MANCHESTER – Their contract expired six months ago. While they are protected under the terms of that old contract, Manchester Township teachers wore red and sat in on the Jan. 16 Board of Education meeting, wanting to come to terms on several issues, most notably insurance payments.
Dan Staples, president of the Manchester Township Education Association, spoke on behalf of his 560 members at that meeting.
“Despite many difficulties, we’ve continued bargaining in good faith,” Staples said during his approximately three-minute speech to the Board. “But tonight, as you can see, pressure is building, morale is plummeting, and this membership has decided to come here tonight to make it clear that we are more than simply a budget item.”
We are worth it, the teachers would echo back after Staples punctuated statements with the phrase.
It’s the rallying cry of the New Jersey Education Association and its members, who are fighting against ever-increasing health-care costs and fighting for “ESP Job Justice,” the push for due process for education support professionals.
Teachers are looking to have their Chapter 78 contributions cut. Chapter 78 is a law that came into effect the 2011-12 school year, and ties employees’ health care premiums with their salary and health plan. Employees paid anywhere from 3-35 percent of their health care premiums, and never less than 1.5 percent of those premiums. The law was written to have a four-year phase-in, with negotiations on what employees had to contribute opening back in July 2015.
The law was seen as a “welcome relief” to boards of education, according to the New Jersey School Boards Association. It has always been seen as “unfair” to the New Jersey Education Association.
Staples called on the Board to settle the contract Jan. 22, which was both side’s third time meeting with a mediator. (The Manchester Times went to print before details from that meeting could be verified and reported.)
School carries on as business as usual, and staff goes beyond the bounds of their contracts, despite the fact that take home pay continues to decrease because of health insurance deductions, Staples said. Many of them volunteer their time so students have Barnes & Noble night, McDonald’s night, Winterfest, etc. Many of them also couldn’t attend the Board meeting Jan. 16 because they work second and third jobs to make ends meet.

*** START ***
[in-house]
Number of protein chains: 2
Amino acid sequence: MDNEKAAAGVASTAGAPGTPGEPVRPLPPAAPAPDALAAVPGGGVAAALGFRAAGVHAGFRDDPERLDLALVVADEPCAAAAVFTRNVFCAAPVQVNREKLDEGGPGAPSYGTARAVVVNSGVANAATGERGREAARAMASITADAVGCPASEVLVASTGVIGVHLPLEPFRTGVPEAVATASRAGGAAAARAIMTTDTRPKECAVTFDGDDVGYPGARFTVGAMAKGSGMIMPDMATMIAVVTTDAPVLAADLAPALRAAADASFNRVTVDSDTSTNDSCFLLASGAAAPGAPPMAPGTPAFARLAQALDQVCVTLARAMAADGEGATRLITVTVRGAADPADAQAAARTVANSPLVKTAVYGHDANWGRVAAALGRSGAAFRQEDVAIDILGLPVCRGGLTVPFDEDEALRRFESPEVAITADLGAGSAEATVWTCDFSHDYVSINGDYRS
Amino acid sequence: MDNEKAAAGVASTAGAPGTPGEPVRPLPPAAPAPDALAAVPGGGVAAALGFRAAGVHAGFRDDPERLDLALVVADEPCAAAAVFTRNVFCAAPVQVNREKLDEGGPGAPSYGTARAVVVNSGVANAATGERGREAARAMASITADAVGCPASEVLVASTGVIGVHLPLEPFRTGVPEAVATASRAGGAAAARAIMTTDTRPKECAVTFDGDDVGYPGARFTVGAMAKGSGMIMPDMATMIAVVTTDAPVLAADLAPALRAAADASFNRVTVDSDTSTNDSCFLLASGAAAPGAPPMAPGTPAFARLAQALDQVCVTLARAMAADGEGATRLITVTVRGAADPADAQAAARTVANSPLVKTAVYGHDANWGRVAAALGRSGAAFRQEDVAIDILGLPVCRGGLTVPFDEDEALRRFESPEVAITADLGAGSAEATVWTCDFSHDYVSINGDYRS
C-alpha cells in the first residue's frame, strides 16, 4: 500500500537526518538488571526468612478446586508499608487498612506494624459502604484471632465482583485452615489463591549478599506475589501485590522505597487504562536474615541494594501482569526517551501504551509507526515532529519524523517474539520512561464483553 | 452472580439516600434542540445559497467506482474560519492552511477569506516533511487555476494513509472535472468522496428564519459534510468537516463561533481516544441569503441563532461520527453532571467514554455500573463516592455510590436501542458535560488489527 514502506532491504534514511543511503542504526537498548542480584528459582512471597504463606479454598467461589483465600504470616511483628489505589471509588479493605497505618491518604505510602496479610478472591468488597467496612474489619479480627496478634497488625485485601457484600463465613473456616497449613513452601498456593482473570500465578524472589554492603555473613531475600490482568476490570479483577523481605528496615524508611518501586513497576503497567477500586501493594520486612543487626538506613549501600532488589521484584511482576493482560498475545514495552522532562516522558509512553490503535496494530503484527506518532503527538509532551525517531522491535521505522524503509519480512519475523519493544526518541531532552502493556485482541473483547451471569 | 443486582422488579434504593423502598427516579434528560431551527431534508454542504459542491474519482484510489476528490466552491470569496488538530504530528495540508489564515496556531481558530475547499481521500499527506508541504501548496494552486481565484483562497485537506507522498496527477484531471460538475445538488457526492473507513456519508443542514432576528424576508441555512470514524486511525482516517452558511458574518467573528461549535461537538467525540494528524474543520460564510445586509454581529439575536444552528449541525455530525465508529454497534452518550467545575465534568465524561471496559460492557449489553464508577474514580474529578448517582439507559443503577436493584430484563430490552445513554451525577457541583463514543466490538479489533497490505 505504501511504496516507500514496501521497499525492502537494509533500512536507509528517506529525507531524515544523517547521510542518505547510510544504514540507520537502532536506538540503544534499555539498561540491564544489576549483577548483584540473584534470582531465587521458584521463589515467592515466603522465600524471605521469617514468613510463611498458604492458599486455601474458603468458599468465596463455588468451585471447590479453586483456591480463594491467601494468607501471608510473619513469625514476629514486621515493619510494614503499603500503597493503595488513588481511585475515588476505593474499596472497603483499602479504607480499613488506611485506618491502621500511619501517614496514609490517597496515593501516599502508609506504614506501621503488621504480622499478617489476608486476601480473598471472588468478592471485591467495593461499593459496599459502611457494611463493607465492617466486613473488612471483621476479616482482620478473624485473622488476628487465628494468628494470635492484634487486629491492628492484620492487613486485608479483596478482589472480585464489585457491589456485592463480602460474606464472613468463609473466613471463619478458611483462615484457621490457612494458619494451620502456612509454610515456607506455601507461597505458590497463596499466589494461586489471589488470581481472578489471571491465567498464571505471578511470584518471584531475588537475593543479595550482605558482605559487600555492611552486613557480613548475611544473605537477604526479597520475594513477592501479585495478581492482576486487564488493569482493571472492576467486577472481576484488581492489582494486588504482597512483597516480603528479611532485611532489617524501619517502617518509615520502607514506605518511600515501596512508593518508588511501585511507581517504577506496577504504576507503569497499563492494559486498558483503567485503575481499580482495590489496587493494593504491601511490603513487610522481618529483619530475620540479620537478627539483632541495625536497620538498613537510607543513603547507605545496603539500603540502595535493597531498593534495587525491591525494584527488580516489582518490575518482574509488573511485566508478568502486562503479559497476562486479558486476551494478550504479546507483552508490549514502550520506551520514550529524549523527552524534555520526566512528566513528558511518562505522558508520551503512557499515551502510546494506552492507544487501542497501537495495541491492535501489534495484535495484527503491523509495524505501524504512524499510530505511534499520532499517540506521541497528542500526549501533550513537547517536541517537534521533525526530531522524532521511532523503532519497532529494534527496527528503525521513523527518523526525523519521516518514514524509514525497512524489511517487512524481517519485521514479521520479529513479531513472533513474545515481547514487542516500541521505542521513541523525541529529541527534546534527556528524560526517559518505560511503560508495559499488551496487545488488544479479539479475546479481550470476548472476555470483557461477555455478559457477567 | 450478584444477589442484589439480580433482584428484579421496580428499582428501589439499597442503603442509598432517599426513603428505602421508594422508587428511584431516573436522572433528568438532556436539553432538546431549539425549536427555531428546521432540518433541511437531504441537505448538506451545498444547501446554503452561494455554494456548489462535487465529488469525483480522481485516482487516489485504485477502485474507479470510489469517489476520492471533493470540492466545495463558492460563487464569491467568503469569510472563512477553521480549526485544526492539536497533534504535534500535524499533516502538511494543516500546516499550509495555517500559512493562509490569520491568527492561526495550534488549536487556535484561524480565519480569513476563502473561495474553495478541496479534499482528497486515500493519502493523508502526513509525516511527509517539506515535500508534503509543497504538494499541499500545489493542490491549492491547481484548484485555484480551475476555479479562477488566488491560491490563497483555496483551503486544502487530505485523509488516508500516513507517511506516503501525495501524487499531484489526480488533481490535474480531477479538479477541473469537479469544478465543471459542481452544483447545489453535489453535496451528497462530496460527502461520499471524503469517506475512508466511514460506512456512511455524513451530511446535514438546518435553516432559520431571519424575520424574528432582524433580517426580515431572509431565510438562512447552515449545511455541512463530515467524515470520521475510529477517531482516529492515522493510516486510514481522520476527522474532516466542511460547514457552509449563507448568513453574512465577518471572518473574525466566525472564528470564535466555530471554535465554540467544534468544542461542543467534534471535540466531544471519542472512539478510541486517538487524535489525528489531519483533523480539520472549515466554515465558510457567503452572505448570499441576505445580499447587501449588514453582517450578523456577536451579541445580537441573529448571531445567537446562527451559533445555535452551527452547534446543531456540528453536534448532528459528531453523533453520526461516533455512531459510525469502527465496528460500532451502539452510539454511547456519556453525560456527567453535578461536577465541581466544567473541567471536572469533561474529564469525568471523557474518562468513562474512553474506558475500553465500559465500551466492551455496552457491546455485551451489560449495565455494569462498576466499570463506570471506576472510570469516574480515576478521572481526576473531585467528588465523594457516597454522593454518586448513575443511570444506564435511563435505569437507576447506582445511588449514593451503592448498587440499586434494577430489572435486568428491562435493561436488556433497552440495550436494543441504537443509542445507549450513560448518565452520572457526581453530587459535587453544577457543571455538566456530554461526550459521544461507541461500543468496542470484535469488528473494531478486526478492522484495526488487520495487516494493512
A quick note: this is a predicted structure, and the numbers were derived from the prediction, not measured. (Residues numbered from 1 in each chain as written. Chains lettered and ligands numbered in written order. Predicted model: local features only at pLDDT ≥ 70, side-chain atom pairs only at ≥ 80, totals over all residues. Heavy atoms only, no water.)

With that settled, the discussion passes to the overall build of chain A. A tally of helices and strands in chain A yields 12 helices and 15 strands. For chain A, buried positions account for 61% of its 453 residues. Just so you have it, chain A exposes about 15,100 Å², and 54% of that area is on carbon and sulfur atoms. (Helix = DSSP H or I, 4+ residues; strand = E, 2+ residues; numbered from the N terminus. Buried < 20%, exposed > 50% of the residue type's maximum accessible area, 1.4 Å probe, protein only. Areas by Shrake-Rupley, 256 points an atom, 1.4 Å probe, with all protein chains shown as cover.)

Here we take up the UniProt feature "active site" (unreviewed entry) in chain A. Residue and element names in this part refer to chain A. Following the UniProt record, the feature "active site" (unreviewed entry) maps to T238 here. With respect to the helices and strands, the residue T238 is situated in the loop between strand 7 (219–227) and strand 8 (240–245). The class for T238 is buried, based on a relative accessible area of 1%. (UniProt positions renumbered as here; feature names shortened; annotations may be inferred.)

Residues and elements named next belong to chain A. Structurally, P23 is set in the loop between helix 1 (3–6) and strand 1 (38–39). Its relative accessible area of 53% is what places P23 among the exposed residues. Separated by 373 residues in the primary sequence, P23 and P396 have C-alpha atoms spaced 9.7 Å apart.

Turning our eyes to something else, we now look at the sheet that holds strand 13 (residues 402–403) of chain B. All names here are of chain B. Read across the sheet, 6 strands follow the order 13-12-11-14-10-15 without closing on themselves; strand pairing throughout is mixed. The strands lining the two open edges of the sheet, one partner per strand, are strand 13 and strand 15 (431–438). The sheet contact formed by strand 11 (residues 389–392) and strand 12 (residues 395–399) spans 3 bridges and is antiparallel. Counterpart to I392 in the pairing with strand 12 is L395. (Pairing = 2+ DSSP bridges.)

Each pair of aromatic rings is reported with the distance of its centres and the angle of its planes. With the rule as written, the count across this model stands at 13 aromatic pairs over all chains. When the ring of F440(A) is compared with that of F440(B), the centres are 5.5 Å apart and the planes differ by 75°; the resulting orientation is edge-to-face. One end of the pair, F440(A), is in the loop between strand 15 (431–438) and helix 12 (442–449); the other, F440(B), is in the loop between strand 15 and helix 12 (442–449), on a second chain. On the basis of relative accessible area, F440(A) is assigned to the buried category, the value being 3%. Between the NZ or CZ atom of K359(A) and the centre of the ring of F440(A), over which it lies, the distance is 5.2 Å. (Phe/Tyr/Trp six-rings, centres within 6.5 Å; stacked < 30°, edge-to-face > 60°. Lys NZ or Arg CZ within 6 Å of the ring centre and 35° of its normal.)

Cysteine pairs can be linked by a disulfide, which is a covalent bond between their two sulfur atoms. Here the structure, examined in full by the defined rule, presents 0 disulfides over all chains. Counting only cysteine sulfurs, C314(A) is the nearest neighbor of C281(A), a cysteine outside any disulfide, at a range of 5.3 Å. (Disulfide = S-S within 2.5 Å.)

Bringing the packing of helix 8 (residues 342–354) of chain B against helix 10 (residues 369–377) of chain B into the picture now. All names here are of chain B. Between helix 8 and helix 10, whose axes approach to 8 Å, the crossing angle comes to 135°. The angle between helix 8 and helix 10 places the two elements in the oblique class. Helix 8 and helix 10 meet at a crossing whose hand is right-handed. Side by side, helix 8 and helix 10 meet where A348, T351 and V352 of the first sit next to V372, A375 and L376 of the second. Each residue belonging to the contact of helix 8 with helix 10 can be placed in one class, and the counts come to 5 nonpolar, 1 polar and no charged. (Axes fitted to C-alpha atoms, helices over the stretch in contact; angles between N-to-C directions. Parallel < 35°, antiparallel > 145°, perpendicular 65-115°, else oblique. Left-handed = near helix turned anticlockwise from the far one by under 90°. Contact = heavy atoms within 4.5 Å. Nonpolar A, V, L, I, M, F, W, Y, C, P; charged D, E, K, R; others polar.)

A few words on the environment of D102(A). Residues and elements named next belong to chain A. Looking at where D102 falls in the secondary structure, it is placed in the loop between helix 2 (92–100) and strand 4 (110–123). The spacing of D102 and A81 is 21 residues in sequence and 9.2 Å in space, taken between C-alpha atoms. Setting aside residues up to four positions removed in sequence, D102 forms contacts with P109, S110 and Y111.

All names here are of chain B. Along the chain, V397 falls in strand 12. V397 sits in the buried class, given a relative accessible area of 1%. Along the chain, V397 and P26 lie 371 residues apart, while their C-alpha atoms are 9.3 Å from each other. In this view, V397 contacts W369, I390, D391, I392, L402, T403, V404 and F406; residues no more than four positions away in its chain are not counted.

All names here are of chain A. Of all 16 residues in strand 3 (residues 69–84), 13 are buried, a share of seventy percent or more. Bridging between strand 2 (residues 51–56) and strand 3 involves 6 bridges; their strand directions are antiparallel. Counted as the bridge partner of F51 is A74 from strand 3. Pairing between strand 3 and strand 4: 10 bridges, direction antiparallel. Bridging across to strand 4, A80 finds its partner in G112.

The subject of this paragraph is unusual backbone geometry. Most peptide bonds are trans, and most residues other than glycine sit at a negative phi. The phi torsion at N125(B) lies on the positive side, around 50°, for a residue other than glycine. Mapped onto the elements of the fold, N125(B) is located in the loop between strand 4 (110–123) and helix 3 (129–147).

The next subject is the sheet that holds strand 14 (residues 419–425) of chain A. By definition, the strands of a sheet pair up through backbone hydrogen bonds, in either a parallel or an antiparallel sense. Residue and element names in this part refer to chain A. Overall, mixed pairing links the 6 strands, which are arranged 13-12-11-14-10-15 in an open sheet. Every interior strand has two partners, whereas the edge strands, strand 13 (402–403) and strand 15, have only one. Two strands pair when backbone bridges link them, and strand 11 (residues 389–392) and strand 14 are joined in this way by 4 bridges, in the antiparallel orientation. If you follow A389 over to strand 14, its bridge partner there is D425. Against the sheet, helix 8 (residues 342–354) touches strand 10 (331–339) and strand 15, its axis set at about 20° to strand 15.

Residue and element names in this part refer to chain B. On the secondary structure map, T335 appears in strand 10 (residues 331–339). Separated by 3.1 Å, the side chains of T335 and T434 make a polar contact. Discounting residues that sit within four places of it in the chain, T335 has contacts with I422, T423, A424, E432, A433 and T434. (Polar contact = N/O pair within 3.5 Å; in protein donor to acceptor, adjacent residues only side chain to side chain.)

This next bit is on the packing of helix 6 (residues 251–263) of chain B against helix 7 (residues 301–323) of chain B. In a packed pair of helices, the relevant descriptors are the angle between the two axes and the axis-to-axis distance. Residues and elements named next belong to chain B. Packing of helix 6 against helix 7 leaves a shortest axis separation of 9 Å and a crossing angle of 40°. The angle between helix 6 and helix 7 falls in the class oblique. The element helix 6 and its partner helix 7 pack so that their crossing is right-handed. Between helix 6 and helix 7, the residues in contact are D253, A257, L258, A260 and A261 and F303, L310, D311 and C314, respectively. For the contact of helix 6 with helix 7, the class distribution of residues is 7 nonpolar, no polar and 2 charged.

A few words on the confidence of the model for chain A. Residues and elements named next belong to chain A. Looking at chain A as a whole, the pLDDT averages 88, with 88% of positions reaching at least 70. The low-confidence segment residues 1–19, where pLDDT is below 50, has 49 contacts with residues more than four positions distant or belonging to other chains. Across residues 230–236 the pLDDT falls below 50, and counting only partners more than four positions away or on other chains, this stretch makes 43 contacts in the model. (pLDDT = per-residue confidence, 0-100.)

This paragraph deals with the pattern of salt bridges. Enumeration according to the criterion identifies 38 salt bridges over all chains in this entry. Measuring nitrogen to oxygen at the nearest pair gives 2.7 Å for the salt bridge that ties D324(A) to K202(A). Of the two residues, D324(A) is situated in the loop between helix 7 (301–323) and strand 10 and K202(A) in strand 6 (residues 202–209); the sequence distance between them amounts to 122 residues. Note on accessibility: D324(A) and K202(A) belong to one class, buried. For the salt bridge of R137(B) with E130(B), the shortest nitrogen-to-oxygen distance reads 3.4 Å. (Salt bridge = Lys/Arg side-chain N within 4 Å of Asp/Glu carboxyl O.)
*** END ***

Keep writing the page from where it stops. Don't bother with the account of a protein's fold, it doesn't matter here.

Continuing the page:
“We need relief. We need to feel respected and valued, and respect starts with a fair contract,” Staples said. “We need a fair contract and we need it now, because we are worth it.”
“This is the second time in four years we’ve experienced a pay freeze with rising health care premiums every year,” Ruth Kennedy, a long-time Manchester resident and special needs preschool teacher at Ridgeway said. “I am grateful for the appreciation you [the Board and administrators] express about the quality and effectiveness regarding our teaching abilities. But unfortunately, the kind words and compliments do not pay my bills, don’t help me provide for my family.”
Manchester School District Business Administrator Craig Lorentzen spoke with The Manchester Times after the Board meeting. He said the Board and administration understand the frustration expressed by teachers and other staff. Gone are the days when both sides simply wrangled over salaries.
“We get where they’re coming from,” Lorentzen said. “But we can’t impact how we educate the students here.”
He said school districts have come to rely on those Chapter 78 contributions. He said the administration is considering moving from a private health care plan to the state plan, but that every bargaining unit, not just teachers, would have to agree to that. And Manchester, already a school district that is underfunded by hundreds of thousands of state dollars, is facing more significant cuts under changes to the state’s funding formula.
“Manchester is a victim of Senate Bill S2, which means over the next seven years Manchester is going to lose state aid,” Lorentzen said during the Board meeting. “This year, we already lost $332,000 in state aid.”
That news came in after staff and programs were already in place for the 2018-19 school year, so the administration looked at line-item cuts instead, doing away with equipment purchases.
He said S2 eliminated a hold harmless provision, which protected school districts from getting less state aid than they received the year before, whether enrollment increased or decreased.
Unless something changes, the district is looking at losing another $1 million in state aid over seven years.
“We’re trying to remain positive and trying to do things to keep what we have in place, keep staff in place, keep programs in place, but it’s going to be a challenge this year and every year following,” he said.